Abstract - Fighting With No One: Reflections on Education, Aikido, and Peace
Background. This paper is a reflection on aikido as a tool for teaching about elicitive conflict transformation and the larger field of peace and conflict studies.
Problem and aim. One of the central difficulties of teaching elicitive conflict transformation is that, as an adaptive and emergent method, it is non-prescriptive and therefore conventional didactics are inappropriate. The aim is to add to the existing corpus of literature on aikido and elicitve conflict transformation by combining the philosophical perspectives presented in this paper.
Method. The reflection builds on a comparison of Canadian First Nation’s philosophy, the Japanese martial art aikido, and the Heideggerian term Verwindung as complementary philosophical approaches that can potentially deepen the understanding of elicitive conflict transformation. From the starting point of the Indigenous Canadian perspective from the Hesquiaht Nation, the term wiwikink’api’ is introduced, which means ‘fighting with no one.’ From there, aikido is presented as both a physical and spiritual practice that teaches non-aggression and balancing forces and it is compared to Verwindung.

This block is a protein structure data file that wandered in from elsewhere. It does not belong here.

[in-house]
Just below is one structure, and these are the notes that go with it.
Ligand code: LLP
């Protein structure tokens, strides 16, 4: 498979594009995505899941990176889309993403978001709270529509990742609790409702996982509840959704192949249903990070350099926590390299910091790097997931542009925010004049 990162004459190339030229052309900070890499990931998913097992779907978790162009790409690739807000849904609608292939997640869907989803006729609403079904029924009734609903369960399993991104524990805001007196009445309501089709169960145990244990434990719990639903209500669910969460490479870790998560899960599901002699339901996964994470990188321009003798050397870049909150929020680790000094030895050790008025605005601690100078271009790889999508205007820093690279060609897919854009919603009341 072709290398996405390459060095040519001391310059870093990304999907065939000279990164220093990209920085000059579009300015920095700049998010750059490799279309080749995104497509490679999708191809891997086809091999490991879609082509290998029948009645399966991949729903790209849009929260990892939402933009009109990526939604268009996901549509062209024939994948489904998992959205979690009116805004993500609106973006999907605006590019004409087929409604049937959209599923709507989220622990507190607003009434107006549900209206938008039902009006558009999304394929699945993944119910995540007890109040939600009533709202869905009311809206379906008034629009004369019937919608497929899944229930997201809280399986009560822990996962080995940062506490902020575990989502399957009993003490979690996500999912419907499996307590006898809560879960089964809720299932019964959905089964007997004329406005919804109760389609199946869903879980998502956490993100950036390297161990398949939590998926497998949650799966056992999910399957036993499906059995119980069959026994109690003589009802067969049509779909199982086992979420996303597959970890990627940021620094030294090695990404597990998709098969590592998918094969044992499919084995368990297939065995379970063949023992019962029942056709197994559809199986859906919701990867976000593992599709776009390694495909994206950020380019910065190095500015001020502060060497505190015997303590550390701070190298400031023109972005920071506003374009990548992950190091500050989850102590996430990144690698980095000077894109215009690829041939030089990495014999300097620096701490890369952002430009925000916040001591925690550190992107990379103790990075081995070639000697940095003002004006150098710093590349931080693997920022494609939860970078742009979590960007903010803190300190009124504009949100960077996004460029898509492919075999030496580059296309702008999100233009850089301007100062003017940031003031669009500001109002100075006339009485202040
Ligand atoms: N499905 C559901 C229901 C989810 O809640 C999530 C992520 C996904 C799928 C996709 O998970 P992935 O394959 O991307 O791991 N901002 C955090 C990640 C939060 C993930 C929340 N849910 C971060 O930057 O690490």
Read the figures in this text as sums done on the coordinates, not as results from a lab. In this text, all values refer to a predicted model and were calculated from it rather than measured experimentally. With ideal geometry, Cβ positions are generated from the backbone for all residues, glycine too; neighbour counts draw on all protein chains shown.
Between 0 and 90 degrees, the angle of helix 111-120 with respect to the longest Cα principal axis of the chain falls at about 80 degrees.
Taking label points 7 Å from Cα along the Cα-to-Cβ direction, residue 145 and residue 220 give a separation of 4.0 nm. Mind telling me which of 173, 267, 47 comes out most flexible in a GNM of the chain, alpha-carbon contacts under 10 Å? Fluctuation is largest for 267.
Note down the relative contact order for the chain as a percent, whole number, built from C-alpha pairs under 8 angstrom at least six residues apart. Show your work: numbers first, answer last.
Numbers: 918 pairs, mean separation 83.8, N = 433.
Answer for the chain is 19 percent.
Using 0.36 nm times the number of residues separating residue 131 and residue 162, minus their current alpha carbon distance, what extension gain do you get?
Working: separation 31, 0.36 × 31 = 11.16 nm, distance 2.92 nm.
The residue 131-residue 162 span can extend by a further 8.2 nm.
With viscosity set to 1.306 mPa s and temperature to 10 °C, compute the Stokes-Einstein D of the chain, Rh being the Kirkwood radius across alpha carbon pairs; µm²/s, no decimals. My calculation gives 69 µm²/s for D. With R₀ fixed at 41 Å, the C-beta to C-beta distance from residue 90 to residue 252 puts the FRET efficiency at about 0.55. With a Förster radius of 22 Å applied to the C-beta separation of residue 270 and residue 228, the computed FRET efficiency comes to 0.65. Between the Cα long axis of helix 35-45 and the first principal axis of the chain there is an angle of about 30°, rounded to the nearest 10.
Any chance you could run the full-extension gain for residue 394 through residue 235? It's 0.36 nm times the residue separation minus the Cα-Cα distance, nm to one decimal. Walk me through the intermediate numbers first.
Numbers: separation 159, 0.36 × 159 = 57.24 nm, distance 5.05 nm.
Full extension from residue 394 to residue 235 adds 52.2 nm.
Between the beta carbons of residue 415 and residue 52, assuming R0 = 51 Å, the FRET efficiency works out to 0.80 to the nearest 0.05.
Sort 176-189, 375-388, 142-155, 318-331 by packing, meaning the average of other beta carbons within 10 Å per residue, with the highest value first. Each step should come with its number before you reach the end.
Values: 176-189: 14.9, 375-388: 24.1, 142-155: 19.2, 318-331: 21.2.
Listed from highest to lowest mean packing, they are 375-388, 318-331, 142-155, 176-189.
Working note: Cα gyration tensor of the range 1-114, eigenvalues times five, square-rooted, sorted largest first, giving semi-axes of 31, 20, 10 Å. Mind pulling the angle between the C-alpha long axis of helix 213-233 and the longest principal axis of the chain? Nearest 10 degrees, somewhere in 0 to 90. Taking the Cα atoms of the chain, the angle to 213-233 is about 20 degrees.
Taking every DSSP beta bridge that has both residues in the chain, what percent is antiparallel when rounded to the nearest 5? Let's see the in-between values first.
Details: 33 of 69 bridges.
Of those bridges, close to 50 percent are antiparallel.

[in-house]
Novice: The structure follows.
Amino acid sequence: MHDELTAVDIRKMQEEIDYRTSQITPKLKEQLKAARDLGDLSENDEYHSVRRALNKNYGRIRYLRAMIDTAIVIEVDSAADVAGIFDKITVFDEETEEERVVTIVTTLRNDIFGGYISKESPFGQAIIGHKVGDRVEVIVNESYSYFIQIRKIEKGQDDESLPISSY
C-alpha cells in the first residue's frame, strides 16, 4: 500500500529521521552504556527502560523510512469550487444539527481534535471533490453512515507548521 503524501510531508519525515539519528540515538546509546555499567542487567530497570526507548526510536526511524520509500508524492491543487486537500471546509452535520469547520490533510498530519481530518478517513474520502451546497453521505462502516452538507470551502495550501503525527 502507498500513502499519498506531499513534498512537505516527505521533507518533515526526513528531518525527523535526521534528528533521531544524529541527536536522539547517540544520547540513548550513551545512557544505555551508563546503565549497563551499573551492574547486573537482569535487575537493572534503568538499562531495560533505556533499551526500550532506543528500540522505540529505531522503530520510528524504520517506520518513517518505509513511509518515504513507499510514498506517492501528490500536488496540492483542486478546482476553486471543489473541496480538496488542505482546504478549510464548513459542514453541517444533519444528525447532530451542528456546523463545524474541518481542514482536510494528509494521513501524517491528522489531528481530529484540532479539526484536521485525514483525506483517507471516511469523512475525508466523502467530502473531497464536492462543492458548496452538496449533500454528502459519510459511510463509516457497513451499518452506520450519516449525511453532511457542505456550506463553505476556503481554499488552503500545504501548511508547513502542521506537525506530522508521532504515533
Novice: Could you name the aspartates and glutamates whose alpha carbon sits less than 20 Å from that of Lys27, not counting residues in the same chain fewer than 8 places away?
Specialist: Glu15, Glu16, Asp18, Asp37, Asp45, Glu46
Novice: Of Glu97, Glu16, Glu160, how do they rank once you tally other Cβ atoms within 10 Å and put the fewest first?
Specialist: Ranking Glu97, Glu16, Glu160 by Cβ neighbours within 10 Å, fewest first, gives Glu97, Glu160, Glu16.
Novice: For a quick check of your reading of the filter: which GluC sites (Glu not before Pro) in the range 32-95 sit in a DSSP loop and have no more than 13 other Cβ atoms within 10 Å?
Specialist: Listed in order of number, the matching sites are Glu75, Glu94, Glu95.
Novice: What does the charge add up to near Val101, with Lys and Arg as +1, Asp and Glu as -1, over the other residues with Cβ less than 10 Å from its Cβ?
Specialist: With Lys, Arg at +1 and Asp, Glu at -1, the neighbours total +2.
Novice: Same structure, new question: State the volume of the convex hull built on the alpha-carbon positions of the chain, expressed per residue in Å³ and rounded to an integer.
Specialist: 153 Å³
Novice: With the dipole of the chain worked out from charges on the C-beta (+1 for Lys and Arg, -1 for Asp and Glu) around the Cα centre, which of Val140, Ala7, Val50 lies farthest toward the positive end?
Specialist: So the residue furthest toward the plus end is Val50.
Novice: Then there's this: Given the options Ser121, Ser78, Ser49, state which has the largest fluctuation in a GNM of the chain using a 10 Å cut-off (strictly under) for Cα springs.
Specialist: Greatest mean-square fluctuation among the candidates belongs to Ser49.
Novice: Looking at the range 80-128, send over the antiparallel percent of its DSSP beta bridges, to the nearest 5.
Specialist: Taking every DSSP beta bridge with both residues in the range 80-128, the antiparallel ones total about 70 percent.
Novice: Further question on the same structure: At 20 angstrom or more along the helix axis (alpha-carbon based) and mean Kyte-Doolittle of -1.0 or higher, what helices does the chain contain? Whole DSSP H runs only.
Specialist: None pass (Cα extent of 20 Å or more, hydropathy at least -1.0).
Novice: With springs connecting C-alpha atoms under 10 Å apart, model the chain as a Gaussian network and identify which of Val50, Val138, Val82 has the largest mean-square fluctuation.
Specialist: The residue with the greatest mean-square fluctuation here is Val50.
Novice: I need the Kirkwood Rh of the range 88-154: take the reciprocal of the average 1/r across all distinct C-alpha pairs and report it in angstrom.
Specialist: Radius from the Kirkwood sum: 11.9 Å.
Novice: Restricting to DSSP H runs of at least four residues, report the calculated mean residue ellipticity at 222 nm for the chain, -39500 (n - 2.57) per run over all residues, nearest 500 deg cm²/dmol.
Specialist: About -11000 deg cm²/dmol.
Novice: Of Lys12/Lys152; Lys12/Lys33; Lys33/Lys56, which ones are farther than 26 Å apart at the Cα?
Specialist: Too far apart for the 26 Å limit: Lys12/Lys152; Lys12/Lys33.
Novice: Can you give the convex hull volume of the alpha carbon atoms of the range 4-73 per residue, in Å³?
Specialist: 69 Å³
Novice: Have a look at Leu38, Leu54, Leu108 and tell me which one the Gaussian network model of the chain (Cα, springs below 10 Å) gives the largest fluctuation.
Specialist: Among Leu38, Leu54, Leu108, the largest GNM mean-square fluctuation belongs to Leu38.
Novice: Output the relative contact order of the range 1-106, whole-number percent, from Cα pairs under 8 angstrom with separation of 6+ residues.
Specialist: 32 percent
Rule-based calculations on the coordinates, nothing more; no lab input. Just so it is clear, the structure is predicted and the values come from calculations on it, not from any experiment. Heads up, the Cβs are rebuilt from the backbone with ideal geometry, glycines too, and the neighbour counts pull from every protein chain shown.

Results. The three philosophical approaches have notable similarities that emphasize the core principles of elicitive conflict transformation: non-dualistic perception, self-awareness, and perpetual twisting.
Conclusions. The final remarks draw parallels between these reflections and the state of the art of elicitive conflict transformation.